* Hess 'looking carefully' at breakup proposal
* Company going forward with production focus
* 4th-qtr earnings $1.66/share vs loss $0.39 year earlier
Jan 30 Hess Corp, which is under
pressure from an activist investor to break up the company, is
"looking carefully" at that proposal, Chief Executive John Hess
told analysts on Wednesday.
He said the company was considering proposals from hedge
fund Elliott Management to consider a spinoff of its U.S.
onshore assets and the sale of retail operations.
He noted the company's ongoing efforts to sell non-core
assets - including an exit from the refining business - and pour
more than 90 percent of its capital into exploration and
"We have no sacred cows in the business. We have no sacred
cows in the boardroom," he said.
But he declined to address Elliott's proposals, which also
include a plan to nominate five directors to the company's
Hess said the company would respond "in a short period of
Elliott had said Hess could be worth more than $126 per
share if the company split itself. Hess shares, which closed
down 0.3 percent at $67.88 on Wednesday, have gained nearly 16
percent since the activist investor's plan to buy a 4 percent
stake in Hess was disclosed on Monday.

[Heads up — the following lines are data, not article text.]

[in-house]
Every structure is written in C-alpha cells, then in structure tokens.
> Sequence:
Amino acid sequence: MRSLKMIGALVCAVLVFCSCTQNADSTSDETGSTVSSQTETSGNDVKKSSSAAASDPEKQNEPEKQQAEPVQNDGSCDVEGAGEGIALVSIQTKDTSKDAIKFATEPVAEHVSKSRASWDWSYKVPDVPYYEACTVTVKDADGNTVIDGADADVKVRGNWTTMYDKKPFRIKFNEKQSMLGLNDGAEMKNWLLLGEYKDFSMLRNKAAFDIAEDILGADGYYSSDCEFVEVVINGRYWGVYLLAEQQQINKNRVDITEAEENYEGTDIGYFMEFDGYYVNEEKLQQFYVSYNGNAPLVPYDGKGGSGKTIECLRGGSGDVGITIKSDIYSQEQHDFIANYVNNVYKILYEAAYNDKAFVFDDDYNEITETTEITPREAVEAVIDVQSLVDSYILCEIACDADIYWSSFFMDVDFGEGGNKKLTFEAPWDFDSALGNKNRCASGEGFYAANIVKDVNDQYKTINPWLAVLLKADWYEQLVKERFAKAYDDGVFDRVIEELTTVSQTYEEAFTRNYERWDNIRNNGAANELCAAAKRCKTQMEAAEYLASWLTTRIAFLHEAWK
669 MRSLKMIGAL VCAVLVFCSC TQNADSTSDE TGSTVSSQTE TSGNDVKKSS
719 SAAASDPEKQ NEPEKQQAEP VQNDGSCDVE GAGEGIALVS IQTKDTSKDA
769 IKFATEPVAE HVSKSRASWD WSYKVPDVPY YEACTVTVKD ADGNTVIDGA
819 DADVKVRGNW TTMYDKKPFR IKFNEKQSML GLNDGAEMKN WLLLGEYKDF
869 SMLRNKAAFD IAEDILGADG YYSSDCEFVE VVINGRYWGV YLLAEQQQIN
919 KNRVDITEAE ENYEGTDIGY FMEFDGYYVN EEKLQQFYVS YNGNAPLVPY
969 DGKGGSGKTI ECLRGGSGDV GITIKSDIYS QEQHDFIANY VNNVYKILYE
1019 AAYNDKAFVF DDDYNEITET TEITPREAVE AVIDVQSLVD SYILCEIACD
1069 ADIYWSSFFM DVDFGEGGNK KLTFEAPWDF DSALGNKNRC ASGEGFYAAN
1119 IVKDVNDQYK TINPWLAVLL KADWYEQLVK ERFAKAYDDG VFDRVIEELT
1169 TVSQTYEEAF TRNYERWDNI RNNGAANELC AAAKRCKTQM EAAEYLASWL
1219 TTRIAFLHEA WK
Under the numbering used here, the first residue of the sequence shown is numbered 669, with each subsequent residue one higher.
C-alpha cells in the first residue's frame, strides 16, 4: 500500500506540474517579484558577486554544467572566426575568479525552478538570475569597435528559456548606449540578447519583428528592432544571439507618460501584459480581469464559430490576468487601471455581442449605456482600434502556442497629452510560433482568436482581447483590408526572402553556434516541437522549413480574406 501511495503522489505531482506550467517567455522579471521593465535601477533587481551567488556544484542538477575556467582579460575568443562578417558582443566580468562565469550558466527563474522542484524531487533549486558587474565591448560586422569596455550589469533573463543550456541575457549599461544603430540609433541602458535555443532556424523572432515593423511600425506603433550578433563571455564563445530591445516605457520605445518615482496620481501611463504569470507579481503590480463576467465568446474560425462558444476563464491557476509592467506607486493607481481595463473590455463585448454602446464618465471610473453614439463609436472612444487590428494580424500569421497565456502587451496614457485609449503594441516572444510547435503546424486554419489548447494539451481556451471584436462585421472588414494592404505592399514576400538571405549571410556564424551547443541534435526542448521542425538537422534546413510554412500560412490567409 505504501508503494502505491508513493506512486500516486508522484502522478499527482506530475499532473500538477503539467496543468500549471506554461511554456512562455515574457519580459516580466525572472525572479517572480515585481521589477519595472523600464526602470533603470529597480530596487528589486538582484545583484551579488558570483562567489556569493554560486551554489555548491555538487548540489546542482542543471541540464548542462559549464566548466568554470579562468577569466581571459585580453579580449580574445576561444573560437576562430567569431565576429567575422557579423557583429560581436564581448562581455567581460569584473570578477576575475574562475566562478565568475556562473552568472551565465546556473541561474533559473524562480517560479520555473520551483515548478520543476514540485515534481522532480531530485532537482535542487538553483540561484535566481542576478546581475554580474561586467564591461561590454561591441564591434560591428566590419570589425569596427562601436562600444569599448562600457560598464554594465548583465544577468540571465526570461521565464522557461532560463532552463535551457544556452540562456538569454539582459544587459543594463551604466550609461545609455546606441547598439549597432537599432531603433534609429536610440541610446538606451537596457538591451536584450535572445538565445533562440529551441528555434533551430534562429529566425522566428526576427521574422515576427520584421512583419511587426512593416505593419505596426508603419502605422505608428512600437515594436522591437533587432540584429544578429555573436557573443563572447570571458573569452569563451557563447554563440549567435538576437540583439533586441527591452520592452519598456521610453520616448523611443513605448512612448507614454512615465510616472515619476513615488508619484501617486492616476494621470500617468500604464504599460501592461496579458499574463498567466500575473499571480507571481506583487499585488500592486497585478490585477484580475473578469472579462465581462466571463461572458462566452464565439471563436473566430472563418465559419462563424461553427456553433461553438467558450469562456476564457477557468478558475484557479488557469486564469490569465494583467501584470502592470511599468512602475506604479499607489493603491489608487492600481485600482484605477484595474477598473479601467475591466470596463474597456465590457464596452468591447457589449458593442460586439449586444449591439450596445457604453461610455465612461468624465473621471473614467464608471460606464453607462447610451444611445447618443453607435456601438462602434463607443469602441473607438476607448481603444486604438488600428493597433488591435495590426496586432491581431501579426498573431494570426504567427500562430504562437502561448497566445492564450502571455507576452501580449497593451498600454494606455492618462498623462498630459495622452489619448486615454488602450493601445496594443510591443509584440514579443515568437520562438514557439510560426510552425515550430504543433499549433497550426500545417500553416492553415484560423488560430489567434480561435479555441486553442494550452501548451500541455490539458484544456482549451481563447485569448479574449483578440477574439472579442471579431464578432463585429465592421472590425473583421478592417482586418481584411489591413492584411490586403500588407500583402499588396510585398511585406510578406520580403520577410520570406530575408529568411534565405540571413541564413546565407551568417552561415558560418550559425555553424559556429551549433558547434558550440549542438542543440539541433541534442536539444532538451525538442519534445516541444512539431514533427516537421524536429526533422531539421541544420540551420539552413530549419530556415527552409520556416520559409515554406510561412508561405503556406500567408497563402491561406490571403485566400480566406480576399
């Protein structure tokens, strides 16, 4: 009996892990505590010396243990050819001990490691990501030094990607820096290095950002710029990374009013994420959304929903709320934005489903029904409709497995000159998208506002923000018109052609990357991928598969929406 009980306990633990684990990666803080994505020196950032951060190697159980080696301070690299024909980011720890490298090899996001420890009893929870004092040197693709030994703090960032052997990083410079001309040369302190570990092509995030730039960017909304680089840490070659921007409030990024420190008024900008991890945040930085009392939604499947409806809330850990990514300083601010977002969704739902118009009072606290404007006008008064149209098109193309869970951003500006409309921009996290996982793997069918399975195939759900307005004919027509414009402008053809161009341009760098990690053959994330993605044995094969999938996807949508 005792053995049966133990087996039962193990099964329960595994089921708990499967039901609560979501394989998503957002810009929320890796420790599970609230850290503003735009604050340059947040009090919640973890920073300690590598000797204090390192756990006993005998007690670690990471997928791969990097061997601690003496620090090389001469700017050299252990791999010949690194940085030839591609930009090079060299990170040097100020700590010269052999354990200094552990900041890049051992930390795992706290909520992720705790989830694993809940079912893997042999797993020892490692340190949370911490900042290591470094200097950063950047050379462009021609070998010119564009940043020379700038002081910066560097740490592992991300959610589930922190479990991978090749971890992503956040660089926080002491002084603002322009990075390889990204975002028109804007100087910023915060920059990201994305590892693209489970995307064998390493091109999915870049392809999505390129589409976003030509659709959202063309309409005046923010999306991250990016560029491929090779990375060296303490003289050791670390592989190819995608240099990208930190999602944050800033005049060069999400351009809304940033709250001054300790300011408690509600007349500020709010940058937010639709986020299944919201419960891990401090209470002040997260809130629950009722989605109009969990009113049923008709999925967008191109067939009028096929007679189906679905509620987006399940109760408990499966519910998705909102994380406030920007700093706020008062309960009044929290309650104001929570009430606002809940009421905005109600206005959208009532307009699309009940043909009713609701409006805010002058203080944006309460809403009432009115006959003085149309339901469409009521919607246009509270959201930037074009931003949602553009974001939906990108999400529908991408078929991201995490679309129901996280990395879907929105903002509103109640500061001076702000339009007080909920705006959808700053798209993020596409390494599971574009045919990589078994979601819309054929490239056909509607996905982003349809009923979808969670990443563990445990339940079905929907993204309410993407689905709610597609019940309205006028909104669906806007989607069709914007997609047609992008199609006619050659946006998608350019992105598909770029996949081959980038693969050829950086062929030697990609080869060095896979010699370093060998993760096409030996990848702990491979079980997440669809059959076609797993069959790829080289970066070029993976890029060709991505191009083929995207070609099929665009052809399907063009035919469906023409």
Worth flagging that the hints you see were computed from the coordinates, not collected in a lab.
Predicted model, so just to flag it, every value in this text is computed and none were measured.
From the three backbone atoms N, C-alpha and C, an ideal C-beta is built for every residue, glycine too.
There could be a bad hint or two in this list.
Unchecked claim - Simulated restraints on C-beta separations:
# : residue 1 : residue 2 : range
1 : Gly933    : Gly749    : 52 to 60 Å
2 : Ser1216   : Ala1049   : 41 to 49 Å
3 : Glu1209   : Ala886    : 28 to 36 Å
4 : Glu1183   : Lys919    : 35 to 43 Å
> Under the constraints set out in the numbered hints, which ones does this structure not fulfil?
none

Also on Monday, Hess, which is looking to become a
predominantly exploration and production company, announced
plans to sell its oil storage terminal network and its New
Jersey refinery, a year after shutting its much larger
joint-venture St. Croix refinery.
On Wednesday, the company reported a fourth-quarter profit
as production soared from its wells in North Dakota's Bakken
shale, where Hess has a substantial foothold.
The company's oil and gas production rose 8 percent to
396,000 barrels of oil equivalent per day (boe/d). Production
from the oil-rich Bakken soared 68 percent to 64,000 boe/d.
North Dakota has became the second-largest oil producer in
the United States after Texas, just a few years after oil
companies unlocked the state's oil bounty in the Bakken.
Hess told analysts that the company expects its Bakken
production in 2013 to range from 64,000 to 70,000 boe/d.
He noted that the company last year cut Bakken drilling and
well completion costs by more than 30 percent while production
Greg Hill, executive vice president of worldwide exploration
and production, said switching to lower-cost drilling methods
and completion design cut per-well costs to $9 million in the
fourth quarter from $13.4 million in the first quarter last
The company has earmarked a capital and exploratory budget
of $6.8 billion for the year.
Hess posted a profit of $566 million, or $1.66 per share in
the fourth quarter, compared with a loss of $131 million, or 39
cents per share, a year earlier.
Revenue rose 10 percent to $9.69 billion.